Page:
Image provided by: Morrow County Museum; Heppner, OR
About Heppner gazette-times. (Heppner, Or.) 1925-current | View Entire Issue (Dec. 24, 1936)
HEPPNER GAZETTE TIMES, HEPPNER, OREGON, THURSDAY, DEC. 24, 1936.
By High School
Music, Mystery, Ro
mance, Comedy, Pro
"Jewels of the Desert," comedy-
: romance operetta, was presented
before an appreciative audience at
the gym-auditorium last Friday eve
ning by high school students under
direction of Norbert E. Peavy.
Dora Bailey as Nana and Ellis
Williams as Benarulah were the
charming young lovers about whose
happily-ending romance was woven
a theme of comedy and mystery, set
in a desert camp ruled over by An
drew Shoun as Abdullah. Profes
sor Lythe (Bill McCaleb) and come
ly daughter Betty (Harriet Hager),
were domiciled at the camp under
pretense of the professor to be bug
hunting much of which was done
late at night.
Betty was captivated by Lt. An
drews (Norton King), a member of
the British expeditionary forces.
Gerald Cason as Caesar", colored
gen'man from U. S. A., and Jack
son Gilliam as Cheeks, the lieuten
ant's Arab boy, carried the weight
of the comedy, climaxed by Cason's
very realistic fall which brought a
gasp from the audience.
In other supporting roles were
Maxine McCurdy as Miss Lythe, the
professor's devoted sister; Ruth Cow
ins as Carrieall, Nana's nurse; Neva j
Bleakman as Lady Grady, just over
from London, and Don Turner as the
In the end Professor Lythe turned
out to be a representative of Scot
land Yard, and Benarulah a U. S.
sleuth, both interested in a jewel of
fabulous worth which came to light
in Nana's possession.
Helping to tell the story of love
and romance throughout were solos,
duets, and chorus numbers carrying
plaintive desert melodies. Piano ac
companiment was played by Mar
jorie Parker. Adding to the aesthet
ic appeal were dances by a group of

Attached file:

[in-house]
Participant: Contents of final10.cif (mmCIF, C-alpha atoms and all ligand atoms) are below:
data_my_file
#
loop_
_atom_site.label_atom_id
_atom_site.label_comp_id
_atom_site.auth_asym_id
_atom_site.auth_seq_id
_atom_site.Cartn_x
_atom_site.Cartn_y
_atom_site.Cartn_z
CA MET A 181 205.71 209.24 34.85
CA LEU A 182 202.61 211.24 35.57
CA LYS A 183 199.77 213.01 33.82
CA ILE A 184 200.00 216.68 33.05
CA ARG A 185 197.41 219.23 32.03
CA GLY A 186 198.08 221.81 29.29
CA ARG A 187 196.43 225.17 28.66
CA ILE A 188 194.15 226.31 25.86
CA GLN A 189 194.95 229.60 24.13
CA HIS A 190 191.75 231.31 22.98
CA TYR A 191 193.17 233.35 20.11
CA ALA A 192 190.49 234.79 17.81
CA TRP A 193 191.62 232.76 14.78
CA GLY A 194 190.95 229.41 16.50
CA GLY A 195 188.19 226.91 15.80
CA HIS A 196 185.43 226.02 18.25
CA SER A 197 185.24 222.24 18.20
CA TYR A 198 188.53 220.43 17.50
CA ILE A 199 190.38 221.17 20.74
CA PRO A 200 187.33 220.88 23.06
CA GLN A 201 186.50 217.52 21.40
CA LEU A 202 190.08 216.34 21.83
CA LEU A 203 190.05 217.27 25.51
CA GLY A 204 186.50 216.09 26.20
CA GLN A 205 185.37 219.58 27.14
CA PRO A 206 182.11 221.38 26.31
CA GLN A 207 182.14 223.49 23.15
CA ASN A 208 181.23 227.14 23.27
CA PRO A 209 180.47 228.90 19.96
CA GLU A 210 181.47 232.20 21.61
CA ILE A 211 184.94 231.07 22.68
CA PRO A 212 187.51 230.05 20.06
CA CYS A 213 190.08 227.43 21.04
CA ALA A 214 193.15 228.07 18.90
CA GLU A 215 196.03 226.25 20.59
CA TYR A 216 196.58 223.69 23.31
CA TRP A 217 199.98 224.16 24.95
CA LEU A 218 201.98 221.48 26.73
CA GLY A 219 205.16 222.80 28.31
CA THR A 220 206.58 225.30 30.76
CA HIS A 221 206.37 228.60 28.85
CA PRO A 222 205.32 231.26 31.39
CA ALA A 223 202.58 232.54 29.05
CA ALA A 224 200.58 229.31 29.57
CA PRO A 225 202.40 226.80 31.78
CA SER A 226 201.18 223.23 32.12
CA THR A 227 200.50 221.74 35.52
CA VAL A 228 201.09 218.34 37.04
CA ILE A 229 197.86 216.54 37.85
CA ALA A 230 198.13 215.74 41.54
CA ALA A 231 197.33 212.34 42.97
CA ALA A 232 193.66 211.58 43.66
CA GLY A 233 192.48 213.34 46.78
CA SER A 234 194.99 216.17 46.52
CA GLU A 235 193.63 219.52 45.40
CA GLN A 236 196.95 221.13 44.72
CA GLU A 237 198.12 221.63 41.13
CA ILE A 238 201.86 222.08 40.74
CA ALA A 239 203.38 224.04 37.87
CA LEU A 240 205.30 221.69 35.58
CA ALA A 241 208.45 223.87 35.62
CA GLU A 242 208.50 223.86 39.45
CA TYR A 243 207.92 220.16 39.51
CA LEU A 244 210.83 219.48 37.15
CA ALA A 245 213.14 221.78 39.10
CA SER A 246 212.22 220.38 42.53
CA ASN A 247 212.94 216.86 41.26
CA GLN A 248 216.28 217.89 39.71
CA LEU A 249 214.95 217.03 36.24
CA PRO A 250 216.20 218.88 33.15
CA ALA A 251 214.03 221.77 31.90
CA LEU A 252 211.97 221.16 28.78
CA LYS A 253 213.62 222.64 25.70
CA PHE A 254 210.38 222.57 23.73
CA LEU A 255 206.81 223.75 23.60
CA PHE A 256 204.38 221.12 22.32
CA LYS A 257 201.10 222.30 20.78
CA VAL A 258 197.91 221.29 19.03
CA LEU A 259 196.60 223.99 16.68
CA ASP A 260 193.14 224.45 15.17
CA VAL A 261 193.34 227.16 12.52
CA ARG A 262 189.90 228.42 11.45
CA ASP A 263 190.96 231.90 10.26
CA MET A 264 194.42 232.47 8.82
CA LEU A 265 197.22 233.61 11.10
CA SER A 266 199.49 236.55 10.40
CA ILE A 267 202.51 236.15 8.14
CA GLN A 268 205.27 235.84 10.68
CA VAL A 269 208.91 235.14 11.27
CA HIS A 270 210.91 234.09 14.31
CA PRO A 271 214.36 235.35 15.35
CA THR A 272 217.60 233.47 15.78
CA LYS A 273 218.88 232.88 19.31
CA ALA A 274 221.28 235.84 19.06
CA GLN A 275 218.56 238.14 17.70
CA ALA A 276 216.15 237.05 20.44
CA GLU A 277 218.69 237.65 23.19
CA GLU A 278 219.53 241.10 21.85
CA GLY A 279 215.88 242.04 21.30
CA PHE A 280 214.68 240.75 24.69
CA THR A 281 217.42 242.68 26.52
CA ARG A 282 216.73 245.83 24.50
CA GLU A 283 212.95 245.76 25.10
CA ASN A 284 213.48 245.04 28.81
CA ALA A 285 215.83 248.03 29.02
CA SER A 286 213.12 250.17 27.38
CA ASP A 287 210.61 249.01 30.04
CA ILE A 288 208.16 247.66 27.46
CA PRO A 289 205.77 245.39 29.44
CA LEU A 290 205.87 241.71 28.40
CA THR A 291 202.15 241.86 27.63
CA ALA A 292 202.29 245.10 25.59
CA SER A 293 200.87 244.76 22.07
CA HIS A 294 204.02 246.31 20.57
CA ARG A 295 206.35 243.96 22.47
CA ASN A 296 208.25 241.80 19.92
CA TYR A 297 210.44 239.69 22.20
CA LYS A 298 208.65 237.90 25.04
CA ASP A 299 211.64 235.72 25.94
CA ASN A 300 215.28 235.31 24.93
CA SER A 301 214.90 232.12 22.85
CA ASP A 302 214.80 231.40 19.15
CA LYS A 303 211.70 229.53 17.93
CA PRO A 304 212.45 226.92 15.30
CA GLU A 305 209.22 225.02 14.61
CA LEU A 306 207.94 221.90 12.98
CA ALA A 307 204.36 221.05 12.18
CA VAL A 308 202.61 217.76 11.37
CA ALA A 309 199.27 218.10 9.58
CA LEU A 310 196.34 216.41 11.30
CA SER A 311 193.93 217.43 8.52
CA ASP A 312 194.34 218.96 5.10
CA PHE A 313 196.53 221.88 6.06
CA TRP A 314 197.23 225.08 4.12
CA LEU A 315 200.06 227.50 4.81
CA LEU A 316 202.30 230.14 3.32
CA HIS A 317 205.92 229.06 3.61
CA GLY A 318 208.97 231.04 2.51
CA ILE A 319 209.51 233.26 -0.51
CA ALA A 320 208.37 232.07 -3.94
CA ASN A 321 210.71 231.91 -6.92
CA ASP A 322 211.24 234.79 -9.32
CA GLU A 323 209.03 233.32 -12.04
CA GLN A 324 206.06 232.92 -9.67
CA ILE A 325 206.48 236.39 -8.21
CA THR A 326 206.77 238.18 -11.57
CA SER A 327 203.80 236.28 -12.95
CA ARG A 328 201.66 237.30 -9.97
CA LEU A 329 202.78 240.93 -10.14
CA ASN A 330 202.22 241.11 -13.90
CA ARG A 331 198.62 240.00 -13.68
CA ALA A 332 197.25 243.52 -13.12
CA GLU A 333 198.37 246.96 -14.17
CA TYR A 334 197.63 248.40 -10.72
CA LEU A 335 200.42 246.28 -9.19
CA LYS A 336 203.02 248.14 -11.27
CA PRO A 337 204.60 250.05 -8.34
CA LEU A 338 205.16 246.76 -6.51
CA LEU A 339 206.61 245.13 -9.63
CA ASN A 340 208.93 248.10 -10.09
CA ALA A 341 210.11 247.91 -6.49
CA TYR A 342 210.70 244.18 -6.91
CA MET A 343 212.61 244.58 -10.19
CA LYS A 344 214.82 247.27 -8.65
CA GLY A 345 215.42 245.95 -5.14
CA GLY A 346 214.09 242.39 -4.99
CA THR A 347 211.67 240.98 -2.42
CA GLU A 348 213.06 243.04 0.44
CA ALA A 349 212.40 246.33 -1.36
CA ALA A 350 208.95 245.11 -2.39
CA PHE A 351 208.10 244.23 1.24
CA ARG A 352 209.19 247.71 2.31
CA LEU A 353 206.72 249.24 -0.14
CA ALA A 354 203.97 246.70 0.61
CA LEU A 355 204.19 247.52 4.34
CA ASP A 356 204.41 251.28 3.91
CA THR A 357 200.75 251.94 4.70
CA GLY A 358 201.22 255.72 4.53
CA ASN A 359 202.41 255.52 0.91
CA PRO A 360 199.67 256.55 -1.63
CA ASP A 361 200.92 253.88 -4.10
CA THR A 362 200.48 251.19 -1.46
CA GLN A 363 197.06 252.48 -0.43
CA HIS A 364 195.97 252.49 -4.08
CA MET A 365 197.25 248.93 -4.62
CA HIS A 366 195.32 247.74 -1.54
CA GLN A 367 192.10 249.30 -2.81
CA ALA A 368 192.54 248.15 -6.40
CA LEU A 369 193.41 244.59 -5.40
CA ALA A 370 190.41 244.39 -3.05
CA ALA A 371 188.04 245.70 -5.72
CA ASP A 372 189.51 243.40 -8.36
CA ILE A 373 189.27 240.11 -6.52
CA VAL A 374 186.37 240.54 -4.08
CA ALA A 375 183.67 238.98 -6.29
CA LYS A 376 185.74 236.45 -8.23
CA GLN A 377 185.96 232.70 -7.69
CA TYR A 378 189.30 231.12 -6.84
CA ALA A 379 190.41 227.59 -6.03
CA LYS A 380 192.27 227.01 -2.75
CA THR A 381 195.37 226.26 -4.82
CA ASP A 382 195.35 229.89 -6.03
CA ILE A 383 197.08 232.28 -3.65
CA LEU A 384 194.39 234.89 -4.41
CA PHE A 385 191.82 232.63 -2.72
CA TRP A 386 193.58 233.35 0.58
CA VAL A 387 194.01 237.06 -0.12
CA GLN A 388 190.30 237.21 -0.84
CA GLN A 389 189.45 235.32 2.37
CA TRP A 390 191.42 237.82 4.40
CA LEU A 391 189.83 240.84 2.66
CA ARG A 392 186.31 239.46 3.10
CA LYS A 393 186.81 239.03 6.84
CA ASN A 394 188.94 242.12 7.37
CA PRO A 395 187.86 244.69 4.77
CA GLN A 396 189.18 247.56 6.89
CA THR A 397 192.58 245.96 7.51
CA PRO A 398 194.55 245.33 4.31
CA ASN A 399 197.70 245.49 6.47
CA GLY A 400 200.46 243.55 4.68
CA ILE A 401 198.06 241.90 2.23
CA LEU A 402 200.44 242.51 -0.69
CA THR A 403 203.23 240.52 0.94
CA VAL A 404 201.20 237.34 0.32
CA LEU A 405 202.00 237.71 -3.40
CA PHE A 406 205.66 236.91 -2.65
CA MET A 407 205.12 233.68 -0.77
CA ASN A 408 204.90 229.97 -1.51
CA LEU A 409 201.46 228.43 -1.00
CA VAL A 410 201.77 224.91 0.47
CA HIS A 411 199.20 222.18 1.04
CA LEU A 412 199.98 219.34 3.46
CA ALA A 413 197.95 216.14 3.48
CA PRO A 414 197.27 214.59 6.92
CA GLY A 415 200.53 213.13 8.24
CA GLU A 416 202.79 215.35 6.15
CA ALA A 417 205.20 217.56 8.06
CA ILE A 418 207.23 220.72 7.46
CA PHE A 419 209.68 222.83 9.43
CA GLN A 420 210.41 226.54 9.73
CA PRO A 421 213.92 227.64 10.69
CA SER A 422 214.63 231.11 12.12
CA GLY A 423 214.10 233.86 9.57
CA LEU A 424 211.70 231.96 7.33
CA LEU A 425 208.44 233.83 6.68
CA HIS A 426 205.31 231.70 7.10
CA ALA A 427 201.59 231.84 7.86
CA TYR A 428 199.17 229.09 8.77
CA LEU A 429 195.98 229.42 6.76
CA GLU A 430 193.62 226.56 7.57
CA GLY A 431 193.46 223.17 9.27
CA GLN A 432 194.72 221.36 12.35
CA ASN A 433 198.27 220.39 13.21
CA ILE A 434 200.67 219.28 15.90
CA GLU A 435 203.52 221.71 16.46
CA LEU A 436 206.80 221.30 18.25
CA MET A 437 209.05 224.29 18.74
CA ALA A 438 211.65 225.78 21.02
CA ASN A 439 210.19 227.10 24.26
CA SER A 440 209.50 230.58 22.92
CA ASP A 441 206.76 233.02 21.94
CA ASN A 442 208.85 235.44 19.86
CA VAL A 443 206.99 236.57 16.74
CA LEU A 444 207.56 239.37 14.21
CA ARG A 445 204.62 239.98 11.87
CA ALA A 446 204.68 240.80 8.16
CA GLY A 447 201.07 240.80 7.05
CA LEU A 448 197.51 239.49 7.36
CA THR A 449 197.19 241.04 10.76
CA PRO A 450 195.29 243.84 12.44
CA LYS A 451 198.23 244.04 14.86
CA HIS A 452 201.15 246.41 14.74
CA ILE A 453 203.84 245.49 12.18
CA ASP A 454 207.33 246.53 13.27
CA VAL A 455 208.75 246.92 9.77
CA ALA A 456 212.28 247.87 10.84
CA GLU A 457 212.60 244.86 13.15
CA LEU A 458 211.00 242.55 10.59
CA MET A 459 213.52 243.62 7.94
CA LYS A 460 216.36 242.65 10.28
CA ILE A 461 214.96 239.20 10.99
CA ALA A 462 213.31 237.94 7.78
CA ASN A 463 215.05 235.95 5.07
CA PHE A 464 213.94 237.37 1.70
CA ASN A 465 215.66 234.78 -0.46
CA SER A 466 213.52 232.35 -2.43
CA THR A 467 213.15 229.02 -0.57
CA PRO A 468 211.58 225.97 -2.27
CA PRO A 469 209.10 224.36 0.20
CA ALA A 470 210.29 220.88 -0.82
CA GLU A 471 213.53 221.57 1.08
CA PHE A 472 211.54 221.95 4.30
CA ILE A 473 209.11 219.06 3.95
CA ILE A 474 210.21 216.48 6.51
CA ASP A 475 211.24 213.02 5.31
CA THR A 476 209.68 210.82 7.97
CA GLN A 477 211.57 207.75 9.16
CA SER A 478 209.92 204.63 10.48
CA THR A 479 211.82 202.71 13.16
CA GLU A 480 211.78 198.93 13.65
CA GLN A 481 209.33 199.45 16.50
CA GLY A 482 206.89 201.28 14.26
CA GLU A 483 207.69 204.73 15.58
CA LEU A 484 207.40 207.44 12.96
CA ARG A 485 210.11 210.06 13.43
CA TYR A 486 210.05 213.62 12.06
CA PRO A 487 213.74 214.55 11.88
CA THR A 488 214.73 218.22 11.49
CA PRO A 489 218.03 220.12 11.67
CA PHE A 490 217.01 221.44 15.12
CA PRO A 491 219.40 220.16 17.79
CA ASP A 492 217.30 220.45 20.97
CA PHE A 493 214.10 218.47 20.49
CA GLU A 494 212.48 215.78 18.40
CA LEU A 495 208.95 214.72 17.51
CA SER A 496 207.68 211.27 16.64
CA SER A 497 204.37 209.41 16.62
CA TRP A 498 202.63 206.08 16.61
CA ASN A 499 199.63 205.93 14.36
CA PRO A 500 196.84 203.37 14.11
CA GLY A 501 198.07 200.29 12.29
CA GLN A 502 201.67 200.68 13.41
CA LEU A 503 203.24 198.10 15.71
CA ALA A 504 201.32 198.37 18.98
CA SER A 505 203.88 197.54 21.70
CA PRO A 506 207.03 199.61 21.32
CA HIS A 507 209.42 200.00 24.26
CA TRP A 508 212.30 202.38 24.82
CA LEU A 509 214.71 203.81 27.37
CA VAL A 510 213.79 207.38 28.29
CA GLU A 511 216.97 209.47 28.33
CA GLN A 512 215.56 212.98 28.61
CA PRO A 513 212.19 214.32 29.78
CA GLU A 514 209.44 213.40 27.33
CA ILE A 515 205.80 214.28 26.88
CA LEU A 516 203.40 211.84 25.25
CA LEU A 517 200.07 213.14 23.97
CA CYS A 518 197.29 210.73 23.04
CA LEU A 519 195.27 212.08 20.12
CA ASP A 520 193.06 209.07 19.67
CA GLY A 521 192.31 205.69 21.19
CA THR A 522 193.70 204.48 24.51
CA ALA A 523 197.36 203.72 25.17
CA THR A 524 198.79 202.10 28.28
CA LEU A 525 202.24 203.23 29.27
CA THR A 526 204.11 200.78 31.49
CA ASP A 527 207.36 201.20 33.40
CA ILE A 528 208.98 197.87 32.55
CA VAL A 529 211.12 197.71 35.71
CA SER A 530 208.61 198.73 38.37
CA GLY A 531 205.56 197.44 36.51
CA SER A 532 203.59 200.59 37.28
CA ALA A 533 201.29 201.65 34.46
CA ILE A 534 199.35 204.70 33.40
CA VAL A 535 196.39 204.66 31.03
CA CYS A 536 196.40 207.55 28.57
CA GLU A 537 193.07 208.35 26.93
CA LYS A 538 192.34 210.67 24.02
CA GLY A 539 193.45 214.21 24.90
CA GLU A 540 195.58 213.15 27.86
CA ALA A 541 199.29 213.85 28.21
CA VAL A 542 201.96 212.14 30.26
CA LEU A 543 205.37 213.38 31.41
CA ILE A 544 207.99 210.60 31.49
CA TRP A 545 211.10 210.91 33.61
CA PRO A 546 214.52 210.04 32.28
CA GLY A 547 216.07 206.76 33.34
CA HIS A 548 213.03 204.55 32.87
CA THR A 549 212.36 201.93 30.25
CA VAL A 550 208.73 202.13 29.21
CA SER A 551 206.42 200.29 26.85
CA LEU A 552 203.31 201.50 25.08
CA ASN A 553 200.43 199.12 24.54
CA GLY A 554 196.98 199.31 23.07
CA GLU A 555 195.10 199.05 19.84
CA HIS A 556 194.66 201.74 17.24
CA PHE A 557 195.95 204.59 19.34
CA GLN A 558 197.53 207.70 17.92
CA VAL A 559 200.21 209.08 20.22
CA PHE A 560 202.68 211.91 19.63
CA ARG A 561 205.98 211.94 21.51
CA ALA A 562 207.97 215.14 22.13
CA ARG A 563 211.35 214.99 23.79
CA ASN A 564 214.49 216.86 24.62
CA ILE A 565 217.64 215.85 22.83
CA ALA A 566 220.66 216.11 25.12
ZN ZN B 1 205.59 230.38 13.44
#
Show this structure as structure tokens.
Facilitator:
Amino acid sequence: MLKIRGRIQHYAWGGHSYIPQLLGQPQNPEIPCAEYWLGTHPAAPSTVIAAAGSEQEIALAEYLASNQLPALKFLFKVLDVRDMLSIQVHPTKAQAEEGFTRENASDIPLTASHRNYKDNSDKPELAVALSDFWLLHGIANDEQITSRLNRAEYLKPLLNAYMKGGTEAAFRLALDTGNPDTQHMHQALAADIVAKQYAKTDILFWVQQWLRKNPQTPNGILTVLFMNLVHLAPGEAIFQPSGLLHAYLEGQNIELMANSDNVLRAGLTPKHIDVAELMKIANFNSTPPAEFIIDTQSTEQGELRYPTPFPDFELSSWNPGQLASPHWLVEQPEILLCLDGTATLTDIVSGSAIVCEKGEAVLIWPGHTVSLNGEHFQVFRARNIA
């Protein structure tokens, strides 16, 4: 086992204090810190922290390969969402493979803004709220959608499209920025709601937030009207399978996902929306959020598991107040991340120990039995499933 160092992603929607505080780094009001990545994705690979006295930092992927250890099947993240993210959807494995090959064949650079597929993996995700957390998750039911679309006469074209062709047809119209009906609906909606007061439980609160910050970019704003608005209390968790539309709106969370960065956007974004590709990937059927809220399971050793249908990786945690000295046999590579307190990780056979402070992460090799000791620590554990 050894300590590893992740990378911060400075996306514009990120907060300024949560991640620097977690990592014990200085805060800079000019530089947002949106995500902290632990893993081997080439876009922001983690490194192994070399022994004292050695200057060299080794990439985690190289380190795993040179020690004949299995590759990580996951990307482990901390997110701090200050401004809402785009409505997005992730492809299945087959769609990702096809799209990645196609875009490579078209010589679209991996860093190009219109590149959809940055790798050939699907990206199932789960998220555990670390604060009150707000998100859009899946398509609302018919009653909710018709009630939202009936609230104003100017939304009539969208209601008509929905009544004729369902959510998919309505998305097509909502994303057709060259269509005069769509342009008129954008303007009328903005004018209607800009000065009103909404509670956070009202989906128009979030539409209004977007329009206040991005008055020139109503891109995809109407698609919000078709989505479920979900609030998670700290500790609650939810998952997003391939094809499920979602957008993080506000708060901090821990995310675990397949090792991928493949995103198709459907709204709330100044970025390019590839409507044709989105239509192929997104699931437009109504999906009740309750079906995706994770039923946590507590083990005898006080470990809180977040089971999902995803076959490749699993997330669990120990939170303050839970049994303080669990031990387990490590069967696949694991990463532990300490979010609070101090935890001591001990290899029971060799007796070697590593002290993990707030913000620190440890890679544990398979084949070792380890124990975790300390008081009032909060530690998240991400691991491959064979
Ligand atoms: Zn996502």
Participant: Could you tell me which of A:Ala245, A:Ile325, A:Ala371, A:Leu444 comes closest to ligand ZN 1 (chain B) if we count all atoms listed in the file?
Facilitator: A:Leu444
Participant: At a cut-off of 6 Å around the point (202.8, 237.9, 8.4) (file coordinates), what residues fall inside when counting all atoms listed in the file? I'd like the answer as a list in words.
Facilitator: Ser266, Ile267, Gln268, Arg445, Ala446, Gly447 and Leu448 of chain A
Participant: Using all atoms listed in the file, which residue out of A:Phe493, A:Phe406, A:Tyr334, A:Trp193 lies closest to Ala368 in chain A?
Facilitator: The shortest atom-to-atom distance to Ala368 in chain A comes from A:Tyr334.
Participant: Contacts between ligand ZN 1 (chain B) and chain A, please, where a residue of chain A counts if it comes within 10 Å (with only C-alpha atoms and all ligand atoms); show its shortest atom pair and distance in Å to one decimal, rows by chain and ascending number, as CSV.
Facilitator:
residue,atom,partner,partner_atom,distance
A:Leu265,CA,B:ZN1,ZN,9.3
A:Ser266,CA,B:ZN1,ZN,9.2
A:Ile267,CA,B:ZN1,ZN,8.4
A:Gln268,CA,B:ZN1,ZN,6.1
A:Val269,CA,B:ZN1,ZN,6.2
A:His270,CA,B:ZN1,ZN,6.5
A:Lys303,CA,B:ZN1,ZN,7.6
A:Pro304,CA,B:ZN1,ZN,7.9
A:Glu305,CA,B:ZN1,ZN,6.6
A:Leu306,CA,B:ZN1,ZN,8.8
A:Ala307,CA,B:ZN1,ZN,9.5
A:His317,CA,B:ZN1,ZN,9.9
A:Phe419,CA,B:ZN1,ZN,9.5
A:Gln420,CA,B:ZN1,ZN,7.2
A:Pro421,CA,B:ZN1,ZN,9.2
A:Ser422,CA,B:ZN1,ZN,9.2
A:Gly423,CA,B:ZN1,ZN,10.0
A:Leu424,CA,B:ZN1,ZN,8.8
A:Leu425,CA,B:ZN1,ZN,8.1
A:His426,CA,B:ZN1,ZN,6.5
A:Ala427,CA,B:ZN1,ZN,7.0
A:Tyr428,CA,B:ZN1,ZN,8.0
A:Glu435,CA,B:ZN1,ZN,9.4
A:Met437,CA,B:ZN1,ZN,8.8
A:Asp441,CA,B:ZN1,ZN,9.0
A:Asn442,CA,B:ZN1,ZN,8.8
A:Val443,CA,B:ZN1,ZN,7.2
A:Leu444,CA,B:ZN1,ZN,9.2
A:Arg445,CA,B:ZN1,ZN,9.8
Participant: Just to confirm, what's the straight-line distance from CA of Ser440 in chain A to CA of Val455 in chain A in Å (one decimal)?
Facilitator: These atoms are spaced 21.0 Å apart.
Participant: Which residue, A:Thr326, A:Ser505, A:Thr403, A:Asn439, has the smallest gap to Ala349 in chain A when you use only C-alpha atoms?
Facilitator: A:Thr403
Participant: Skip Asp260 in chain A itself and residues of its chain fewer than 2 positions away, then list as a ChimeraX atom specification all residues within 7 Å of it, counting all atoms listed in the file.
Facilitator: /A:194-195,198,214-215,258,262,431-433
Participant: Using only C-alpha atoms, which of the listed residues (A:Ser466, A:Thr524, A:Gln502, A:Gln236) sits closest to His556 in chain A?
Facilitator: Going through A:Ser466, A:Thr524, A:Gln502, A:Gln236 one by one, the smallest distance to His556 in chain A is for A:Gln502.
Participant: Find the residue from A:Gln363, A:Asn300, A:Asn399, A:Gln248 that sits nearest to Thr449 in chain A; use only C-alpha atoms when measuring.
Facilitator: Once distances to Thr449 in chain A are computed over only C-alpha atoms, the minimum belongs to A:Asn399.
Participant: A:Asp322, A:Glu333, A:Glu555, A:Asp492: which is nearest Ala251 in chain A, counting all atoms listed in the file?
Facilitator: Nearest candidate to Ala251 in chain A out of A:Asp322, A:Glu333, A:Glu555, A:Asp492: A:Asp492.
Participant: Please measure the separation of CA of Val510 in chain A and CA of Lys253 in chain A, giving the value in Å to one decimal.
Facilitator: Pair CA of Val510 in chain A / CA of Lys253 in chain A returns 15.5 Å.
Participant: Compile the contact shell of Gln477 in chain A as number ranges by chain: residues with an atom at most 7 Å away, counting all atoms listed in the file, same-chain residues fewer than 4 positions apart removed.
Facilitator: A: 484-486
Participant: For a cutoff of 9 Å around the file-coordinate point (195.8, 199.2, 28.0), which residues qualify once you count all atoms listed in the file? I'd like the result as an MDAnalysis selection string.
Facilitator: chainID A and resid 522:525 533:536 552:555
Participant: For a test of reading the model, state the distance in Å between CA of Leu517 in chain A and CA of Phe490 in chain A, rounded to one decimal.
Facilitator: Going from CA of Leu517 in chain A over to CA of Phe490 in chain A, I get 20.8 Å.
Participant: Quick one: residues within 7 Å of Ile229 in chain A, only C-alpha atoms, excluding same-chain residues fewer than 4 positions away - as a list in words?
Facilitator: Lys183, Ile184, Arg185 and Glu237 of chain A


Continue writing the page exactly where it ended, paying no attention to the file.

girls in bright costumes.
Members of the chorus were Betty
Happold, Louise McFerrin, Betty
Bergevin, Patricia Cason, Richard
Hayes, Gerald Roberts, Lela Ed
mundson, Betty Robinson, Juanita
Phelps, Anne Mclntyre, Irena Mc
Ferrin, Donald Turner, Hubert Hud
son, Harry Tamblyn, Marjorie Mc
Ferrin, Margaret Browning, Norma
McFerrin, Carolyn Vaughn, Omer
McCaleb, Jack Merrill, Bill Barratt.
Soldiers, comically mustached and
ill-behaved, were Leland Edmund
son, Harry Tamblyn, Scott McMur
do, Gerald Roberts, Jack Merrill,
Bill Barratt, Omer McCaleb and Hu
Dancers, coached by Miss Mitchell,
were Cora Scott, Betty Hughes, Mar
garet Doolittle, Frances McCarty,
Jeanette Blakely, Shirley Wilson,
Rose Cunningham and Eileen Kelly.
BPW Enjoys Party,
Gives Children Toys
Business and Professional Wo
mens club annual Christmas party
was held Tuesday evening with din
ner at Hotel Heppner followed by a
social hour at the home of Mrs. Lu
cile McAtee. Clara Beamer's talk on
"White Collar Unions" featured the
dinner hour, and greetings were ex
tended by Msis Evelyn Humphreys,
past president, in the city from Los
Angeles for the holidays.
At the McAtee home, Christmas
carols were sung and Christmas tree
enjoyed with exchange of toys
which members played with for a
while then turned over to the church
welfare council for distribution to
less fortunate children.
J. G. Barratt, president, was in
Ontario Monday to assist in complet
ing plans for the Oregon Wool Grow
ers association convention there Jan
uary 11-12-13. He was accompanied
by Walter Holt of Pendleton, secre
tary. Enthusiastic welcome is being
extended by the host city to all vis
itors, with arrangements in hand to
entertain 500 delegates.
LIFE'S BATTLE ENDS
FORT. J. O'BRIEN
Prominent Butter Creek Sheep
Operator Dies at The Dalles;
Rites Held Here Yesterday.
Funeral rites were held from St.
Patrick's Catholic church at 10:00
o'clock yesterday morning for Thom
as J. O'Brien, prominent Butter
creek sheepman who died at East
ern Oregon hospital in The Dalles
Sunday night ioUowing a seven
years' illness. Father James O'Rielly
conducted the services which were
largely attended by relatives, friends
and neighbors. Interment was in
Heppner cemetery in charge of
Heppner lodge 358, B. P. 0. Elks, of
which Mr. O'Brien was a member.
Thomas James O'Brien was born
in County Leitrim, Ireland June 15,
1885, the son of James and Kath
erine O'Brien. When a young
man 18 years of age he first came
to Morrow county and entered the